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Islam brought by Prophet Mohammad had reached (parts of) Central Asia in less than 50 years after his death. Central Asia, especially China, is nowadays famous of its martial arts. Even in some muslim countries, e.g. Indonesia and Egypt, there is some martial art which is believed originated from Central Asia, specifically Turkestan and Western China. Thus I am interested in tracking the source of this martial art.

Based on my reading, I got some names such as shurul khan (shoo-rool-khan) and thifan po khan (tee-fun-poh-khan). However I found only sources available in Bahasa Indonesia or Malay which are based on Zhodam old book. There I found some words which sound like Turkic language but I can't verify them, such as shurul khan (shoo-rool-khan), thifan po khan (tee-fun-poh-khan), kagrul (kag-rool), badur (bah-dur), ahund (ah-hoon), turgul (toor-ghool), tamid (tah-mid), banetin (bah-net-teen), tsenkay (sand-kai), liqud (lee-kood).

DISCLAIMER: The spellings above are only my personal approach, I don't know exactly :)

The question

Do you have any historical information about martial arts in Western China (and also Turkestan in general, e.g. Uyghur (Xinjiang), Kazakhstan, Kyrgyzstan, Uzbekistan, Tajikistan, Turkmenistan, etc) in Islamic era? In addition about my reading, do words above really exist in Turkic languages (e.g. Uyghur)?

  • Of all the words you shared only Khan and Turgul seems Turkic to me. And may be Badur but that word might in fact have indo-iranian roots rather than altaic. – NSNoob Jun 3 '16 at 11:09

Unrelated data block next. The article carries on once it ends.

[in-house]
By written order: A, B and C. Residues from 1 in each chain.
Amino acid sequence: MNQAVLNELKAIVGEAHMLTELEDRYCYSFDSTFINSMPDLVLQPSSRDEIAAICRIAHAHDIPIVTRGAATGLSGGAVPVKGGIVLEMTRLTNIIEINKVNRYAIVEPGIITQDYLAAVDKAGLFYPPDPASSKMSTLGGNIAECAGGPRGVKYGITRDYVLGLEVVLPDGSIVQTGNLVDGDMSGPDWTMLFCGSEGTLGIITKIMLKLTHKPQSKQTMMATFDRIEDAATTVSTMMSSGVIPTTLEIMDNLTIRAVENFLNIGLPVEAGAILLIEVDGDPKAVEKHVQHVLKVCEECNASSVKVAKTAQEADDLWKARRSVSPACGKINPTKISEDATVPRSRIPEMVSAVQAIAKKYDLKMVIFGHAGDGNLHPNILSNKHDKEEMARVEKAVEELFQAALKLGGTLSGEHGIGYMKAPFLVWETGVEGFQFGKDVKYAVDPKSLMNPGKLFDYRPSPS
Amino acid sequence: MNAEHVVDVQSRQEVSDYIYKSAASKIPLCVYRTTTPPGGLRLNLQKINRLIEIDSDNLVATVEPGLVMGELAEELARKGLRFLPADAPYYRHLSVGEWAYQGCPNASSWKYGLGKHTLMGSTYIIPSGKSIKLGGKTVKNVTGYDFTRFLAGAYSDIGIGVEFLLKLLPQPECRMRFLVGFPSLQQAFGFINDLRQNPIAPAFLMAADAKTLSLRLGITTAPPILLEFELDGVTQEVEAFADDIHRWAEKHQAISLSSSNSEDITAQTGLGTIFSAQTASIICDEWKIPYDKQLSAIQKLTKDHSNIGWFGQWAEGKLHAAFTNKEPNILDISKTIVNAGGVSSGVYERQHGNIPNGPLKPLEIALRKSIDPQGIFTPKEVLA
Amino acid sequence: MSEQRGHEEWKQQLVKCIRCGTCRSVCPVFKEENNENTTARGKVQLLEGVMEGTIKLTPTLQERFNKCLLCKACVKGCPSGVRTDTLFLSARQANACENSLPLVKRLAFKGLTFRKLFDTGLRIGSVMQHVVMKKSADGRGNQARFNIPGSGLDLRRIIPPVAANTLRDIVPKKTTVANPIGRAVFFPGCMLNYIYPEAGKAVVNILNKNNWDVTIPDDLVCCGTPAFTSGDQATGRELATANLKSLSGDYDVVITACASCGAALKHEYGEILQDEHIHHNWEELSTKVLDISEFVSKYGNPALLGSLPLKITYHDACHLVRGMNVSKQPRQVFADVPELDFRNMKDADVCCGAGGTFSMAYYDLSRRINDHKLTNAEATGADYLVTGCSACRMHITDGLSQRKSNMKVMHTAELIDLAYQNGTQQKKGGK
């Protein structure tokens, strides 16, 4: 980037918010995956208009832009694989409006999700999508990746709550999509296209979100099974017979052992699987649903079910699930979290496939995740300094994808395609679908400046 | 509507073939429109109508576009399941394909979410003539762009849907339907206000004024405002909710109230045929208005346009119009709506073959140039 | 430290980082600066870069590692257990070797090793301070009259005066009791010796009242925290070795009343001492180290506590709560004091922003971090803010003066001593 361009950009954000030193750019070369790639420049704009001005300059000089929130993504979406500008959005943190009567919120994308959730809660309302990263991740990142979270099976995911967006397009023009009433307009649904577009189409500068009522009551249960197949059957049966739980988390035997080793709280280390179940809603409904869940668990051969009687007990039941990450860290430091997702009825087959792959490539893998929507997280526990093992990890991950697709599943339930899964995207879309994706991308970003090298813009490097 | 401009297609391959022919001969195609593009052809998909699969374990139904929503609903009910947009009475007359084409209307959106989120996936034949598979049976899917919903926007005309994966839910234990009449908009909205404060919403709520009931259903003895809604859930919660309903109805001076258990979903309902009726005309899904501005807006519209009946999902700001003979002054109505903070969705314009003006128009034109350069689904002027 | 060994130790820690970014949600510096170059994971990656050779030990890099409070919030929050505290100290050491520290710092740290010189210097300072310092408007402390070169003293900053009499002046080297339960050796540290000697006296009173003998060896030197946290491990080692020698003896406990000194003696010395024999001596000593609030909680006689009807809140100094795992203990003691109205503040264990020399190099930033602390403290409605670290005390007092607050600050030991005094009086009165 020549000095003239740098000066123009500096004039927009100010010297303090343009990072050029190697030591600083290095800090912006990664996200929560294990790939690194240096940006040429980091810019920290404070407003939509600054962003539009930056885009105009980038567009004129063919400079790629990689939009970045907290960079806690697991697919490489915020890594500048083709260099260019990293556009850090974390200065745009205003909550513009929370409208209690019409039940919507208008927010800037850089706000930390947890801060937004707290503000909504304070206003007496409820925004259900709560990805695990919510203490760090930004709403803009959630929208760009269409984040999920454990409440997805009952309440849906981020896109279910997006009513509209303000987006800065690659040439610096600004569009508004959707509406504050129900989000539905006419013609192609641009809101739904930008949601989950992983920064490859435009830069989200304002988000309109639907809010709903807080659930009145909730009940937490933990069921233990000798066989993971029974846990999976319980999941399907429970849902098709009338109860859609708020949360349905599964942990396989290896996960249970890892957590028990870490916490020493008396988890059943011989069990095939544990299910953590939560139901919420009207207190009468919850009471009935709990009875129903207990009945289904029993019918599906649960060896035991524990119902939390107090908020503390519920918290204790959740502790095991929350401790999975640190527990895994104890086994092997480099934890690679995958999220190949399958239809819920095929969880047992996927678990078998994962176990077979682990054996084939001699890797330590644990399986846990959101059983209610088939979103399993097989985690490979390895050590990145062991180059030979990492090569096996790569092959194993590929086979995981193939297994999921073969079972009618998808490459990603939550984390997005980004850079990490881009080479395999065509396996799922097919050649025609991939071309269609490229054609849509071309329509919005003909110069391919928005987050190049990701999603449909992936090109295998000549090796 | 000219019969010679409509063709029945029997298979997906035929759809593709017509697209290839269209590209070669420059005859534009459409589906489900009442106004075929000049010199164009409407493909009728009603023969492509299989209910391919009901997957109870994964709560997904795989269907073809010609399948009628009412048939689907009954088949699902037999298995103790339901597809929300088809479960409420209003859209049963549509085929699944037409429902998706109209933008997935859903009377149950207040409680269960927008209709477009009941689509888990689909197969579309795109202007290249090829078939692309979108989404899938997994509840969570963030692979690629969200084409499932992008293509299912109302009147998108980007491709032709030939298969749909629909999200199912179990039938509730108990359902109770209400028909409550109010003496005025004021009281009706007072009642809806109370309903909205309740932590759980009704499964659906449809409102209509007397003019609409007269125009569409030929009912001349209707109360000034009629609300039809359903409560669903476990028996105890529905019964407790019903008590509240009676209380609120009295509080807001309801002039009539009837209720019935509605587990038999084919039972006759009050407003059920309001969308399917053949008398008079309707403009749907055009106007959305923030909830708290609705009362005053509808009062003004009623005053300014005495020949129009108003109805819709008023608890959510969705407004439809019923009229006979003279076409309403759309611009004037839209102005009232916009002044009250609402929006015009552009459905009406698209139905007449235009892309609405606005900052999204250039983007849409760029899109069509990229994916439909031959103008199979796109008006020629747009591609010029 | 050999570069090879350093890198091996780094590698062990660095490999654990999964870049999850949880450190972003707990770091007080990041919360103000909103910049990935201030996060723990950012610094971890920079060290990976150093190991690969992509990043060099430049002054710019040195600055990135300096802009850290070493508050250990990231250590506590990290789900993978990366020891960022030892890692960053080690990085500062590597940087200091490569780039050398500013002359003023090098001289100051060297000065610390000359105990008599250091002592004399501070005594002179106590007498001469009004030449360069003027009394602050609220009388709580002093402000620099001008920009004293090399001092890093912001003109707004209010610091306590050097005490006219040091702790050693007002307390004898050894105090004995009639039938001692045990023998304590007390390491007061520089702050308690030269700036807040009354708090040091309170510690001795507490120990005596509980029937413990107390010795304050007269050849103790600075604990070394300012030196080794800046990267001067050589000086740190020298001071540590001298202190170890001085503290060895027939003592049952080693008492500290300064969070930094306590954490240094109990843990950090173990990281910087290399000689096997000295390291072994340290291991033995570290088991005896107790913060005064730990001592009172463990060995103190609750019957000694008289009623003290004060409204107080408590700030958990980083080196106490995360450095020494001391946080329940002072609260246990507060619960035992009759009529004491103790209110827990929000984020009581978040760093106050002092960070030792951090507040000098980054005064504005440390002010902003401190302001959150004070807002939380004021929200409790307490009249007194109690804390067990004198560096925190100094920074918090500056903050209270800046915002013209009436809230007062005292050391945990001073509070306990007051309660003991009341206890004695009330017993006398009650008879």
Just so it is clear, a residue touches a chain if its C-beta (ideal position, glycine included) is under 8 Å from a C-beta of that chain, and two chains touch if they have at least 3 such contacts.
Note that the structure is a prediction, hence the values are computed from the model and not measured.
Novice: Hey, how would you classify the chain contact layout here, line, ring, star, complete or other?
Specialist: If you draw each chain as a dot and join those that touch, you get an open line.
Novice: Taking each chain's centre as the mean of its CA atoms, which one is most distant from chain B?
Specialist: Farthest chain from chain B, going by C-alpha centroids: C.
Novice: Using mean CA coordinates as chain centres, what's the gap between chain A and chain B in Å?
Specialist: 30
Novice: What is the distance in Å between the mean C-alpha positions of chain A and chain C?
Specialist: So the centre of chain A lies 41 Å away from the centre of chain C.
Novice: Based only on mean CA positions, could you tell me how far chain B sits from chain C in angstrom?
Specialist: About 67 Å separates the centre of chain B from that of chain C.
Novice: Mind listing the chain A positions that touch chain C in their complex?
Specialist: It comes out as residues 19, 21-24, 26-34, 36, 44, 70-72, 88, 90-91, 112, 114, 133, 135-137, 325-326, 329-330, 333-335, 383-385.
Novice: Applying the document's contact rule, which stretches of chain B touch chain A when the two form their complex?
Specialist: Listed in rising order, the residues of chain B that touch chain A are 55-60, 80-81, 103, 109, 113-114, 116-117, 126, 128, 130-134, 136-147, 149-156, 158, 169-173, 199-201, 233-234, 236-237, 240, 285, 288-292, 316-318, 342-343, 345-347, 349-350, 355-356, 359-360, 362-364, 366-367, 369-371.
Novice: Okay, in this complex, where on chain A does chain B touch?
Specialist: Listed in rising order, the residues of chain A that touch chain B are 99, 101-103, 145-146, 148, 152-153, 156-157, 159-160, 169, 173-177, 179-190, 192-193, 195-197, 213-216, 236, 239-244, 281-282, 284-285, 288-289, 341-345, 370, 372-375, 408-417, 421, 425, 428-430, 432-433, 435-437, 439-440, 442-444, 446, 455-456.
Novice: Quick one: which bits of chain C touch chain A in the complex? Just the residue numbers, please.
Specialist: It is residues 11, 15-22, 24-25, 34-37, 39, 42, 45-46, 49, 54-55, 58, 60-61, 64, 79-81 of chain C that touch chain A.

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    Might be worth asking in martialarts stack exchange... – Mark C. Wallace Jun 3 '16 at 11:16
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    @MarkC.Wallace Because I think people here are more "scholar" and people there are more "warrior" and I ask about historical point of view :D. You see that they talk about technique, move, practice, etc there. – fikr4n Jun 3 '16 at 15:26
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The Mongols, the Turks, and the Turkic peoples living in Asia between them, all seem to have similar "folk wrestling" styles that tend to center on takedowns (rather than pinning or throwing out of a certain area).

Based on that, it seems fair to say that there was likely a common Altaic wrestling style ancestral to all of them. Regardless of that though, during the Mongol area, Mongolian wrestling would have been practiced inside their territory wherever the Mongols themselves were, which I believe includes all the areas in question.

The Wikipedia entry on Mongolian Wrestling has an interesting description of a match from about 1240 AD from The Secret History of the Mongols, that you may find an interesting read. The Mongolians seemed to chiefly compete with each other in wrestling, archery and horseback riding. The latter two are of course things their armies during the period were famous for, and clearly would have had to be practiced as well.

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